There are two main reasons a drone may crash – a pilot’s error or mechanical failure. You can avoid some mechanical failures with regular maintenance, but some may be a manufacturing issue, and only the manufacturer can help fix them.
With proper skills and training, you can also avoid various pilot errors. With that in mind, below are some reasons a drone may crash.
Flying too far:
Some drone manufacturers promise a drone operating range of 10 miles or even further. But it’s not always advisable to push the drone to the limit.
You could lose the connection to your drone or even crash into an aircraft. It would be best if you always fly within the line of sight or within the limit stipulated in your region.
In the USA, the FAA requires drone pilots to fly within the line of sight and an altitude of 400 feet.
If you fly too close to power lines or cell towers, the magnetic field around these setups could interfere with your drone, causing it to fly away and crash.
Most drones aren’t designed to fly indoors, especially those relying on GPS. They may have trouble repositioning themselves, causing them to crash.
For instance, by default, the return-to-home function makes the drone fly to a higher altitude. When the drone is indoors, it may crash into the ceiling or other objects when this function is activated. And you also risk injuring other occupants in the house.
Flying in adverse weather conditions can also cause the drone to crash. For instance, strong winds drain the drone batteries faster, interfering with other functions of the drone.
Rain or snow can also damage both external and internal parts of the drone.
Below are some common problems that you probably can accomplish yourself. Sometimes the manufacturer may provide guidelines on how to go about it.
Remember, always switch off your drone and remove the battery when repairing your drone.
You can plug it in to troubleshoot and identify the damaged part. But after that, make sure it’s off as you work on it.
Make sure you are competent and be aware that if you cause more damage to the drone, you could void your warranty, free repairs, or other offers that your drone manufacturer offers.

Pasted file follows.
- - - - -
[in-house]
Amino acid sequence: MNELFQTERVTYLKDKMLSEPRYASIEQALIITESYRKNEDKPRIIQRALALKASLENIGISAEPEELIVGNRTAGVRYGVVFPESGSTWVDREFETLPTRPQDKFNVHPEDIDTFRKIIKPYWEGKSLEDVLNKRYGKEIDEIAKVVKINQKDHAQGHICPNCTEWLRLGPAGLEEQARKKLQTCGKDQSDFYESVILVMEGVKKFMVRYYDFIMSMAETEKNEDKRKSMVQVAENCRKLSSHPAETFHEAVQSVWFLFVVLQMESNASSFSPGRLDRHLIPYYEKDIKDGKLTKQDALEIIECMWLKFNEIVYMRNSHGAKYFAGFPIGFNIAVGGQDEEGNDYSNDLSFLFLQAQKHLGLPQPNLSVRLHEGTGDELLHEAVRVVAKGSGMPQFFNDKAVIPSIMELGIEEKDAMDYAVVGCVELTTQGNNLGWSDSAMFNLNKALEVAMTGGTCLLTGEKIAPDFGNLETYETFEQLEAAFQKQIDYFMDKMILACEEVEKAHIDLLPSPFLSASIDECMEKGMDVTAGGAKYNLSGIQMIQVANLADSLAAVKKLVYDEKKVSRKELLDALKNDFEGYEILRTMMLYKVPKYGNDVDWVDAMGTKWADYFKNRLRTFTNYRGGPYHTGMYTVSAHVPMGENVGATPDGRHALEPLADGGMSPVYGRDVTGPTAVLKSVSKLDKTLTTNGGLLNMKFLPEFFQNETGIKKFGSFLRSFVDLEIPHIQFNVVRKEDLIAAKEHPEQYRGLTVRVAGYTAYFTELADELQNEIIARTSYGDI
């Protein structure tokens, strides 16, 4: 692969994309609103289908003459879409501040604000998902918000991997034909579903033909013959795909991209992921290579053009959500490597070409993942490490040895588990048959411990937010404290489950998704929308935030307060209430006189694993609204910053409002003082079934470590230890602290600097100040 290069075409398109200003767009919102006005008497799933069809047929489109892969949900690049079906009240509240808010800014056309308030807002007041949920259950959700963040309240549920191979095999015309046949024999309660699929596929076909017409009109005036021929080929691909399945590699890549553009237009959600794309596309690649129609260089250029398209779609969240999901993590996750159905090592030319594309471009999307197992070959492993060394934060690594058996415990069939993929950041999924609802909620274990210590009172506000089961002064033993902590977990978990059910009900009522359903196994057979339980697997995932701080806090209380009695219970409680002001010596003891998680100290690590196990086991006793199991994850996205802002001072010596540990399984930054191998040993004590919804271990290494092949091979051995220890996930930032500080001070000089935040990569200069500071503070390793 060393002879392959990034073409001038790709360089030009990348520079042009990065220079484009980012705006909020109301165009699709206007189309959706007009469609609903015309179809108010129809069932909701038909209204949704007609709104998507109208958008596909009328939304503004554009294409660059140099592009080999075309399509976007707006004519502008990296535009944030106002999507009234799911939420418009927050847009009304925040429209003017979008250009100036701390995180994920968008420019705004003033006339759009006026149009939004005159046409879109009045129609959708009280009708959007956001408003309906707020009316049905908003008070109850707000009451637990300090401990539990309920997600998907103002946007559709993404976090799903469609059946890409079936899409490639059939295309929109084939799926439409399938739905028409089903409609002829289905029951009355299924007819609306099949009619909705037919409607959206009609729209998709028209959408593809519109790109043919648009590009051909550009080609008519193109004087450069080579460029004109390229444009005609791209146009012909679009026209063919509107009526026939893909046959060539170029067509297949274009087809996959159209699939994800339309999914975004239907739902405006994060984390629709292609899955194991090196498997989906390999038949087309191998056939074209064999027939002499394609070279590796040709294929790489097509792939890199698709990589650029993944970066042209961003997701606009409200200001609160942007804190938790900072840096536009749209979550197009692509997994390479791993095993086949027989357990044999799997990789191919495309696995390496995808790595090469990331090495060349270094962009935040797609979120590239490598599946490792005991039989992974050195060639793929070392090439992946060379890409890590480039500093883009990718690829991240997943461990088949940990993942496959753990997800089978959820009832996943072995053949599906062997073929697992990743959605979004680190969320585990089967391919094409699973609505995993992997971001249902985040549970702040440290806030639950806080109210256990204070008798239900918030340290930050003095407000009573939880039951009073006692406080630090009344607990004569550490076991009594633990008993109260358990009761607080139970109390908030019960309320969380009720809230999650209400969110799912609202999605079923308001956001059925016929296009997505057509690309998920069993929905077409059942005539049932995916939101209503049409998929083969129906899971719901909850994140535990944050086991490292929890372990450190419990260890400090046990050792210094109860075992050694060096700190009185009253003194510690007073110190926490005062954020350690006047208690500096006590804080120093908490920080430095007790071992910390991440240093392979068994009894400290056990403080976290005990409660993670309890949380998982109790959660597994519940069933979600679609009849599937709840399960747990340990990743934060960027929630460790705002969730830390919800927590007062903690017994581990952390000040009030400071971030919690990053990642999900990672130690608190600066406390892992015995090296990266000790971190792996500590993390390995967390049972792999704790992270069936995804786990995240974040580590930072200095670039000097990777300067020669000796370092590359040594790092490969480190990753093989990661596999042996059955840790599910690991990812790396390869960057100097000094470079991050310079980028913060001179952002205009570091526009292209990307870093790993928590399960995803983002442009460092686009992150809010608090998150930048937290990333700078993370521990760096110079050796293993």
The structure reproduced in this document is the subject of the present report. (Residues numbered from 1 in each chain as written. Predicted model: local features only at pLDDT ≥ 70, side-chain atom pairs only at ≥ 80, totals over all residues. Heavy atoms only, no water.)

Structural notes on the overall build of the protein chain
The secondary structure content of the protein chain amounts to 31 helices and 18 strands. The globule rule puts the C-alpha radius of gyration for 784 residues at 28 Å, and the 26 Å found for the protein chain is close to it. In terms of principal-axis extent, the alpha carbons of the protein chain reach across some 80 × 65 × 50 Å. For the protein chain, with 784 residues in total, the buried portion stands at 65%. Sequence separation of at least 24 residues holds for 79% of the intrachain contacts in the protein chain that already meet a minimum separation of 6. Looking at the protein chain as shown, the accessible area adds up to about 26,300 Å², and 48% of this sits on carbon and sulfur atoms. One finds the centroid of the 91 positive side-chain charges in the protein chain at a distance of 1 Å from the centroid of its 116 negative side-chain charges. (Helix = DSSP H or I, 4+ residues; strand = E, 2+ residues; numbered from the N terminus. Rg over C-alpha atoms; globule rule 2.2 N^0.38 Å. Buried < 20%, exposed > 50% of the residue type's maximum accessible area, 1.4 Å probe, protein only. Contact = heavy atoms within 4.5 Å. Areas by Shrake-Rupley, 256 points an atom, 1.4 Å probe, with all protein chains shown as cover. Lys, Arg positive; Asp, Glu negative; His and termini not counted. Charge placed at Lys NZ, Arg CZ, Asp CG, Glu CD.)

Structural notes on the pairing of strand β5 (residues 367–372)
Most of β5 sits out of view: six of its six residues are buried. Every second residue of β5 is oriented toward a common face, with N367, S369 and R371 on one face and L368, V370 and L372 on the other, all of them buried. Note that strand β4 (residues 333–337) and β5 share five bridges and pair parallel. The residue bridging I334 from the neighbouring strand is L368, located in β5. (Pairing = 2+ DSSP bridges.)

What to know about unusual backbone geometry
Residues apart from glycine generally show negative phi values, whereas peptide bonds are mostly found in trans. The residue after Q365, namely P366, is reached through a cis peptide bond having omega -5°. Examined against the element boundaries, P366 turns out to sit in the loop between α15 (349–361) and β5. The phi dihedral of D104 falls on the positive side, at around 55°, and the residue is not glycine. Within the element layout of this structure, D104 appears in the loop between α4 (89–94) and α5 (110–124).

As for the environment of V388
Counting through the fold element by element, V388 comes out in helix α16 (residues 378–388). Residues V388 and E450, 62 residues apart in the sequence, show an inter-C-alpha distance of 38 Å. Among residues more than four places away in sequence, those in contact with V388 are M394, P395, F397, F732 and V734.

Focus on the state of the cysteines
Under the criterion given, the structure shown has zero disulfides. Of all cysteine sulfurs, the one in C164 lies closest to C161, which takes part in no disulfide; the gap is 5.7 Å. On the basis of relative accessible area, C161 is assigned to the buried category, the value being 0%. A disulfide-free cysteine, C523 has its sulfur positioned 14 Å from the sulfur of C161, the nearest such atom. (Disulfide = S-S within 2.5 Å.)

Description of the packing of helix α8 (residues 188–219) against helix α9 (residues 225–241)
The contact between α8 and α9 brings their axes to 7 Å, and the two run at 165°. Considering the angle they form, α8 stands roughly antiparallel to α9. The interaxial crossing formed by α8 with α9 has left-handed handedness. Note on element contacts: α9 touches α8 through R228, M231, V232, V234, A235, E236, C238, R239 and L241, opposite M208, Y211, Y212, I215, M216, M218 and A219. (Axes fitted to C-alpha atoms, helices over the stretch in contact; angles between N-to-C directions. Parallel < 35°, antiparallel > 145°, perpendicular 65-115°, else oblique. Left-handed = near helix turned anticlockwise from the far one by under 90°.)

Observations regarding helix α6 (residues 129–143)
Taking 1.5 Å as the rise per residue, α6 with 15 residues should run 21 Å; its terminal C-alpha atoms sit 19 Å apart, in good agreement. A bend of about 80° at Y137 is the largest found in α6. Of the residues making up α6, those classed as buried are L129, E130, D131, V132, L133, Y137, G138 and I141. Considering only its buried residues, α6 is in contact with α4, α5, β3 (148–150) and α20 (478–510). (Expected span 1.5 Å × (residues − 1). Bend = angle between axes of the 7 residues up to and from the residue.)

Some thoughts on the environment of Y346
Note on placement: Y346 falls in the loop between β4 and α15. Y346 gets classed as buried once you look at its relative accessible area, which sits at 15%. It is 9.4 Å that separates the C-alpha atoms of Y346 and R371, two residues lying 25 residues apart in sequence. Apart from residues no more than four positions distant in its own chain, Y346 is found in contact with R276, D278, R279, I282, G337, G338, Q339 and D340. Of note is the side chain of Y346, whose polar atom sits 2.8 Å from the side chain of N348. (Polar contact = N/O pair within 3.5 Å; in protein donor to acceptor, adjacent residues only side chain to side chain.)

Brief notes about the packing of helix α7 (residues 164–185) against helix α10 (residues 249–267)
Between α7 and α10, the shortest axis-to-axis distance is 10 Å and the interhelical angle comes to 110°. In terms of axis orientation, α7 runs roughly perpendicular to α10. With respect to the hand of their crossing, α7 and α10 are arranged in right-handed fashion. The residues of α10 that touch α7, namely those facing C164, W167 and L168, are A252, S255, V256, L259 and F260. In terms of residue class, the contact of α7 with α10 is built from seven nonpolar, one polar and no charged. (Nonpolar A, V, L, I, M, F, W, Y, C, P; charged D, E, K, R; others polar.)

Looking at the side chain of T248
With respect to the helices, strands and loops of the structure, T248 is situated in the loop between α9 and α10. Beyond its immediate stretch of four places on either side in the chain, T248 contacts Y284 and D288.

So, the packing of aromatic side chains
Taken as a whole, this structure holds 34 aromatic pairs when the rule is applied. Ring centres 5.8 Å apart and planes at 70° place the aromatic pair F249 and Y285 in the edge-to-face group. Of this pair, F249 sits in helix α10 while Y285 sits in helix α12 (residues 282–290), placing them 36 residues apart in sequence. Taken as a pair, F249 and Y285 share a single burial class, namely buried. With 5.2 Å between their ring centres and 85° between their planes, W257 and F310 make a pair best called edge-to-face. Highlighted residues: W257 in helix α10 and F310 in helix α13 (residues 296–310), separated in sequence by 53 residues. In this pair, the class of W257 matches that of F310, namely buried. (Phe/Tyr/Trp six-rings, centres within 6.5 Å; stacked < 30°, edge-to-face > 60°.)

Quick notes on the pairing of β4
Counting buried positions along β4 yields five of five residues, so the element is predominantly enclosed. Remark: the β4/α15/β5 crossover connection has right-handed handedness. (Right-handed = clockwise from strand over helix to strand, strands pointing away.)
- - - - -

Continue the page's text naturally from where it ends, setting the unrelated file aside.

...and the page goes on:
As mentioned earlier, propellers rotate to generate a lift. As mentioned earlier, if you notice chips, cracks, or the propellers are slightly bent, you should replace the propellers.
A slight chip or bend could alter the overall functioning of the drone.
Place the drone on a flat surface and observe how the propellers rotate. If some appear to be skewed, then they are bent. You can easily straight a slight bend. But if it’s too pronounced, you can replace the propellers.
Removing the propellers isn’t that complicated either. Some have a simple friction push-o mechanism, while others have screws.
A small Philips screwdriver or any other basic screwdriver will remove and replace the propellers.
Another problem with propellers is where they all rotate, but the drone is not taking off. In that case, you may have installed the propellers the wrong way.
I did mention that for drones to fly, some propellers rotate clockwise, and the others rotate anti-clockwise. And they will always have matching patterns. So check the propellers and make sure they’re installed on the appropriate motor.
If you fire up your drone and realize one of the propellers is not rotating, that means that one motor is not working. Just like with the propellers, the motors need to be replaced once in a while.
They may also get damaged, and the wires could wear out sooner than you’d expect due to crash or oxidation.
There are several videos on how to replace a motor. So make sure you watch lots of them and research before attempting to replace the motor. Below is a step-by-step quick process on how you can check if the motor is damaged.
- Start by removing the battery, camera, landing gears, or any accessories the drone has.
- Open up the drone by removing the screws. All you need is screwdrivers of different sizes.
- Once you can access the internal parts, check whether the wires themselves are damaged. If you can’t see any damage, then the motor may be damaged. In some cases, the ESC may also be damaged.
- To test if it’s the controller or motor that’s damaged, you need to reattach the battery. You also need a voltmeter to check the voltage.
- Switch on the drone and test the propellers. If the voltmeter shows some voltage coming from the controller towards the motor’s wires, then the controller is okay. But if you don’t get a reading from the controller, then it may be damaged too.
- If the wires are detached from the controller, you can solder them with a soldering gun.
Replacing the motor may vary with the drone model or type, so follow the manufacturer’s instructions and consult with a technician.